Conference considers how to outsmart and deter cybercriminals

Cybercrime is outpacing cyber enforcement. In the United States, less than one percent of malicious cyber incidents result in arrest, according to an analysis by policy think tank Third Way. At a recent conference co-hosted by Third Way, NYU Law’s Center for Cybersecurity, and the Journal of National Security Law and Policy, a range of policymakers, security experts, and legal scholars discussed the difficulties of prosecuting cybercrime, including determining jurisdiction and low rates of cybercrime reporting by its victims.

Panel of event speakers

The conference, “Catching the Cybercriminal,” included a lunchtime talk with Google’s director of law enforcement and information security Richard Salgado and a live broadcast of the “Lawfare Podcast," among other events. During the broadcast, US Senator Mark Warner of Virginia and US Representative Jim Himes of Connecticut discussed the lack of an articulable federal policy to combat international cyberattacks, as well as legislation they hoped would improve election security, among other topics. The conversation was moderated by Lawfare editor-in-chief Ben Wittes.

Selected remarks:

Mark Warner portrait

Mark Warner: “We have been so afraid of cyber escalation, that I think we’ve been kind of open season, open hunting, for other nation states and their agents.… We have been unwilling to lay out, in an articulable way, what our country’s strategy is, what our red lines are, and what our willingness to use our own tools is.”  (video 28:44)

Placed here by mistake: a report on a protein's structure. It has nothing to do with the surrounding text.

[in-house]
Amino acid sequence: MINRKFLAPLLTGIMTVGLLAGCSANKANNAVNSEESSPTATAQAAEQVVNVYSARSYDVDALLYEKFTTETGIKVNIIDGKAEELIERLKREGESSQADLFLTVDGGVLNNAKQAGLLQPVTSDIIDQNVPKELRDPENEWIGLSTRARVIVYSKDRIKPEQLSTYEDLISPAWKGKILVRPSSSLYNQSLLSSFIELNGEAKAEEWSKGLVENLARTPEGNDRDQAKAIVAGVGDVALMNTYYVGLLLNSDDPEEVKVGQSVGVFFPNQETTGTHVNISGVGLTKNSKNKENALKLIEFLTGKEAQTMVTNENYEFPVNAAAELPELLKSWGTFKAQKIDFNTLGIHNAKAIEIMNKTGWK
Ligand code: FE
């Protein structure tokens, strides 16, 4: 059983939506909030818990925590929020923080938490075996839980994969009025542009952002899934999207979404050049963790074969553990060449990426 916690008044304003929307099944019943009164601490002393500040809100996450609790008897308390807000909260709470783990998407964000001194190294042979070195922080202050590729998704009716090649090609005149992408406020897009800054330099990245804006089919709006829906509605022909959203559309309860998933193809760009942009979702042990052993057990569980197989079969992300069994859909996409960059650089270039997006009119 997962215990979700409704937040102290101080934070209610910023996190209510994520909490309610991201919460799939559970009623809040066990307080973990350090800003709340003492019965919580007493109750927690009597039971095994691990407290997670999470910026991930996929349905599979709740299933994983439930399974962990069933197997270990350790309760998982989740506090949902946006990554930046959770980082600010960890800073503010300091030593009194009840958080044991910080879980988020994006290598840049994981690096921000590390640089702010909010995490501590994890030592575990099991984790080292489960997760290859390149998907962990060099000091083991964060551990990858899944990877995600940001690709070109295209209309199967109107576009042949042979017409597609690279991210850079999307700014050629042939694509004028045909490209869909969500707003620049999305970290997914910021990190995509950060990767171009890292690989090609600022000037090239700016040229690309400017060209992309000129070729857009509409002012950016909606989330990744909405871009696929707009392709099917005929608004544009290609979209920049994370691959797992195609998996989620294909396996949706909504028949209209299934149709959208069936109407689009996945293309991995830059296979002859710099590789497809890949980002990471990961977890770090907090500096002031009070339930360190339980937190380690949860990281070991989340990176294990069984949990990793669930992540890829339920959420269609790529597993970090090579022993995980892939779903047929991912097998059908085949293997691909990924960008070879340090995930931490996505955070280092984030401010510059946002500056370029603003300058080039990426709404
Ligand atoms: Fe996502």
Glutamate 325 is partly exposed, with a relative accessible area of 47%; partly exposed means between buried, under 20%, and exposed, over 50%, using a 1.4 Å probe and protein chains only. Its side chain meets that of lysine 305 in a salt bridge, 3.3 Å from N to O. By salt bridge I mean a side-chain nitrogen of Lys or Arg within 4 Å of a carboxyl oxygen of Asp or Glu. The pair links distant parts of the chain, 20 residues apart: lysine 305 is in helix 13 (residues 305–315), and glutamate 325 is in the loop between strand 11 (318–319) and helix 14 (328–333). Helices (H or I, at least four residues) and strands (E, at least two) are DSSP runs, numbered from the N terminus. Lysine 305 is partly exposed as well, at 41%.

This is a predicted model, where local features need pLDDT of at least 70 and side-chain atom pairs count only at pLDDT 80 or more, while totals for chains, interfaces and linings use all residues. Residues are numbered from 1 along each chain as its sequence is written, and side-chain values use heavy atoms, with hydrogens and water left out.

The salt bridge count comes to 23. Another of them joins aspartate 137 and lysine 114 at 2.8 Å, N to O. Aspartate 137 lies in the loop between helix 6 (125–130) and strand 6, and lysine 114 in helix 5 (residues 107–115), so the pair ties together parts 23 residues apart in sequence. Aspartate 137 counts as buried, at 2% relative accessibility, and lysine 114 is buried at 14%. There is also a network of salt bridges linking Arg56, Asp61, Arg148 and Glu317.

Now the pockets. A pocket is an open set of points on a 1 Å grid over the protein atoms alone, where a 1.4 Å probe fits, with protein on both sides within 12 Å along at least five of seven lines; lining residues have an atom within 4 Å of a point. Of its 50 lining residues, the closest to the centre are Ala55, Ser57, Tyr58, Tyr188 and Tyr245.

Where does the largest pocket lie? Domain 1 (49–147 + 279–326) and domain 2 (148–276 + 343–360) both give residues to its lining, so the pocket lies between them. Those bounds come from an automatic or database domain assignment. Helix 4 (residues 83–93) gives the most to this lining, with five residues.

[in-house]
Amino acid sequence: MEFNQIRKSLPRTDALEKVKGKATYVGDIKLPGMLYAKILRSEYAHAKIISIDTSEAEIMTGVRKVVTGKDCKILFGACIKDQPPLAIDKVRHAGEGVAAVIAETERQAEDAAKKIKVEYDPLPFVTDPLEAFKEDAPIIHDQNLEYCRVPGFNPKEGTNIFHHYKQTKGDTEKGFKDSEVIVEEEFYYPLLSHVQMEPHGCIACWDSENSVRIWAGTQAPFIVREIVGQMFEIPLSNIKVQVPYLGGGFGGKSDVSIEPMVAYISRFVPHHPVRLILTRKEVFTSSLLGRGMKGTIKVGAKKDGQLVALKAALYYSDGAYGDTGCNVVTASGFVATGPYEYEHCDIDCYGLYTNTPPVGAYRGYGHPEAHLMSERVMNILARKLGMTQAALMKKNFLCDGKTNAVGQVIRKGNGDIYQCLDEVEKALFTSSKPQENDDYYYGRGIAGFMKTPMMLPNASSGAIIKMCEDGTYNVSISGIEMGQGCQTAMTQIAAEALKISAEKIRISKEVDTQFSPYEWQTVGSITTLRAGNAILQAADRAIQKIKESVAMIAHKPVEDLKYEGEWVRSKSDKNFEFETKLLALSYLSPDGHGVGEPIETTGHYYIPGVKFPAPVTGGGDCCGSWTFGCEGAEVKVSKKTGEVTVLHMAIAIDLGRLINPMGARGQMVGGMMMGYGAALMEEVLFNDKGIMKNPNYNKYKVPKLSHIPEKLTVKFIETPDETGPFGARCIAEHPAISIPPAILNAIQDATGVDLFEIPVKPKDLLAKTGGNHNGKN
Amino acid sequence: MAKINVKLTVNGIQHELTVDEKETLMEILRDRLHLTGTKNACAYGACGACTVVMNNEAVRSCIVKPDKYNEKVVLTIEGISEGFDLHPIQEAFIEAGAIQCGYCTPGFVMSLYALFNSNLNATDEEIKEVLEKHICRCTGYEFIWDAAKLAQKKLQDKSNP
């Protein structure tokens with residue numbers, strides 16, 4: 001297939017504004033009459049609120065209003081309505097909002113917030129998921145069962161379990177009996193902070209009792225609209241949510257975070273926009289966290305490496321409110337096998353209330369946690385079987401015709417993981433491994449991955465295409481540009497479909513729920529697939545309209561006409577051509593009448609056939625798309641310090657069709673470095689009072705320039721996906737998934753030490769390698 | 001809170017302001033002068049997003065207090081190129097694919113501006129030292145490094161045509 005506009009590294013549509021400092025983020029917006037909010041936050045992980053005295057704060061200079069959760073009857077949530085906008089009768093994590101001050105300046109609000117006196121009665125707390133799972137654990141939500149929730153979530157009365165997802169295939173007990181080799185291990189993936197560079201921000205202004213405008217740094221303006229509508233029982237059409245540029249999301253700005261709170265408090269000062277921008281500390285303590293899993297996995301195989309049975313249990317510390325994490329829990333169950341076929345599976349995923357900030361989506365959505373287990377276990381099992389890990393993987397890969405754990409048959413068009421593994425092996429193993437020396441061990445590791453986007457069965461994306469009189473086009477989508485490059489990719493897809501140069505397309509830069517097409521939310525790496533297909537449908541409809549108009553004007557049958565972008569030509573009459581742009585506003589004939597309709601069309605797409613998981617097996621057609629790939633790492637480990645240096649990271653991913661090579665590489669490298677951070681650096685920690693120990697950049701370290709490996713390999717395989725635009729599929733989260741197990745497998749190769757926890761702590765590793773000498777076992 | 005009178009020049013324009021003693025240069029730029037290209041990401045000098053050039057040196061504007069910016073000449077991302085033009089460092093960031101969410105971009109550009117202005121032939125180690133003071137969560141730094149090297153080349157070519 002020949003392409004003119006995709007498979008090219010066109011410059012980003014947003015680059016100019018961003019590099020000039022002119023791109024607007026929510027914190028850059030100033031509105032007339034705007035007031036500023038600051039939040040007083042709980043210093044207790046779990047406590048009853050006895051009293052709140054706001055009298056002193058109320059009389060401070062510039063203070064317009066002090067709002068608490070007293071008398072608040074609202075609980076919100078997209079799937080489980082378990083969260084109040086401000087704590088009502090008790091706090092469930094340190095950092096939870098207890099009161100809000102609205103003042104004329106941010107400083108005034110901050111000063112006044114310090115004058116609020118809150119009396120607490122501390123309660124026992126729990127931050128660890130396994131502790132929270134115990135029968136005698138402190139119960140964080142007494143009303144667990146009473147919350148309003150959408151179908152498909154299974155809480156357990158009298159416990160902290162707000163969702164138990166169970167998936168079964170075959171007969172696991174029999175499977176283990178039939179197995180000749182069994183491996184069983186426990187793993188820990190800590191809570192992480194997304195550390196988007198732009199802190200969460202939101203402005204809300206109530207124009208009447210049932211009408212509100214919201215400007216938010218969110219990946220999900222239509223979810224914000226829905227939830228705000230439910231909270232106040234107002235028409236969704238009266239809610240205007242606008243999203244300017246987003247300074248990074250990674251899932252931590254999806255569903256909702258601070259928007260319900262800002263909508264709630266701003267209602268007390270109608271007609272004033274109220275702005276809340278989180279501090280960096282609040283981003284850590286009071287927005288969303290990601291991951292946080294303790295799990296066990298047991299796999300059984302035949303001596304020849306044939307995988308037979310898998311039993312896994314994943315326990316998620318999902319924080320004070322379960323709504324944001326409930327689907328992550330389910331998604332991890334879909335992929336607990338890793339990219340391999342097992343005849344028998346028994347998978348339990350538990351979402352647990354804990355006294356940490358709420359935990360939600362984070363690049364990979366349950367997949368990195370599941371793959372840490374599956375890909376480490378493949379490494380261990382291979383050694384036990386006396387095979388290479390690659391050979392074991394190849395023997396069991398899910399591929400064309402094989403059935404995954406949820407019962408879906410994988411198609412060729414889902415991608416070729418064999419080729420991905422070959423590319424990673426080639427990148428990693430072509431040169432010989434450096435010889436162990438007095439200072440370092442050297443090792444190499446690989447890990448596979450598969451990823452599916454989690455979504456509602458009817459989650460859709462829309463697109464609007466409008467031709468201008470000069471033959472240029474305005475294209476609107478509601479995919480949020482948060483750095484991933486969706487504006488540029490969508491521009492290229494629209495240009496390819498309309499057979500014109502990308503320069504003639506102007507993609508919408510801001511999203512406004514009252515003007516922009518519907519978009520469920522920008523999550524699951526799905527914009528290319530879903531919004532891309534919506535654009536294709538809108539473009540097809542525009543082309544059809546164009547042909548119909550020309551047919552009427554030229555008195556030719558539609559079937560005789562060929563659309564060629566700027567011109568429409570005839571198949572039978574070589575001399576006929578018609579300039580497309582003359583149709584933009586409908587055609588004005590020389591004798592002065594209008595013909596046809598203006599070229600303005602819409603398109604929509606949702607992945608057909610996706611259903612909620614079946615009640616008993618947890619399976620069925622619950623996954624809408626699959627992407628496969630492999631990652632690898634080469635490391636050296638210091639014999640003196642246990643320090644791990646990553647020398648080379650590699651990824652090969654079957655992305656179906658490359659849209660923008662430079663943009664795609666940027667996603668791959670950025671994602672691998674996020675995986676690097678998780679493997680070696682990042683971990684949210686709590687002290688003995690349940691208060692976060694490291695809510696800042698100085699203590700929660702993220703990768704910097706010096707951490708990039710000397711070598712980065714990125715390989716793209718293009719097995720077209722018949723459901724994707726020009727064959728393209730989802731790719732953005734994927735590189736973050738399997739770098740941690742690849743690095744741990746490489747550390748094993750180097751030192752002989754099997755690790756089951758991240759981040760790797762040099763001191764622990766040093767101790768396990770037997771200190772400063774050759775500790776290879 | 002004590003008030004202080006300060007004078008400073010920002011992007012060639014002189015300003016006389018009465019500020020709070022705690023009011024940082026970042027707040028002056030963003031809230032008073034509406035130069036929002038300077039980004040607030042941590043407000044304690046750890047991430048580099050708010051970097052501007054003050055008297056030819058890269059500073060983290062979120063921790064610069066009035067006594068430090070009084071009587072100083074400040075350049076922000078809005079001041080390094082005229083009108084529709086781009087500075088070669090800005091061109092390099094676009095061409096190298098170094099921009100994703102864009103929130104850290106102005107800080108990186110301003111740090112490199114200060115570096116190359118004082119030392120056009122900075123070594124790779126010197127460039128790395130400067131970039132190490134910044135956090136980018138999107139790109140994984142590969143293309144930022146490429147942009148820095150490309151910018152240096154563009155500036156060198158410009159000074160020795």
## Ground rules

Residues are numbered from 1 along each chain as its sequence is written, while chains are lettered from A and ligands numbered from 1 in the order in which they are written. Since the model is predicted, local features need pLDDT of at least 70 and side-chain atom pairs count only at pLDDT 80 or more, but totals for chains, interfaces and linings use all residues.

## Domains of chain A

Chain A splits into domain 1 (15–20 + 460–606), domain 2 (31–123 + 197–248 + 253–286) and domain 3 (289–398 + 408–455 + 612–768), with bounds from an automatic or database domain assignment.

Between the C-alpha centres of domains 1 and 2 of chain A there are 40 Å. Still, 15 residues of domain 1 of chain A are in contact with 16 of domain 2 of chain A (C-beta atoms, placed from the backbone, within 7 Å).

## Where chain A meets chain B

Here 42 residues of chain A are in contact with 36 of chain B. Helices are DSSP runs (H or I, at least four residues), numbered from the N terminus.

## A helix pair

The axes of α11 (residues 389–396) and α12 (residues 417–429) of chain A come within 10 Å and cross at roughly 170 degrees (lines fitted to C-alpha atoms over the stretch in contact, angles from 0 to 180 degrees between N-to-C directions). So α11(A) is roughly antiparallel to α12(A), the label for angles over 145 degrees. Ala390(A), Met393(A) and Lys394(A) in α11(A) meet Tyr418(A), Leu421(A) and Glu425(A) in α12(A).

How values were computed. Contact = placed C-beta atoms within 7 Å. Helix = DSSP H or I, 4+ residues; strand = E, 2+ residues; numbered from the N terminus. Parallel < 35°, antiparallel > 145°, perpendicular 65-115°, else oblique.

Mark Warner: “I think we ought to build more incentives--whether from the insurance marketplace or others--to make sure ransomware and other attacks are reported. Because, you know, no matter how good law enforcement is, if you don’t get it reported, you’re never going to be able to find the bad guys.” (video 41:28)

Jim Himes portrait

Jim Himes: “The number of consumers out there who aren’t using two-factor authentication, the number of people who don’t patch their software—there’s just such low hanging fruit in the realm of defense…[A solution could be] a PSA saying if you don’t understand what two-factor authentication is…let us tell you what it’s all about. That would really, I think, move the needle.”  (video 48:13)

Jim Himes: “Whether it’s, you know, deliberate Chinese hacking or a bunch of guys doing ransomware out of a basement somewhere, I think all those jurisdictional boundaries need to be, in my opinion, swept aside.” (video 1:16:55)

Watch video of the broadcast with Mark Warner and Jim Himes: 

 

Posted February 7, 2019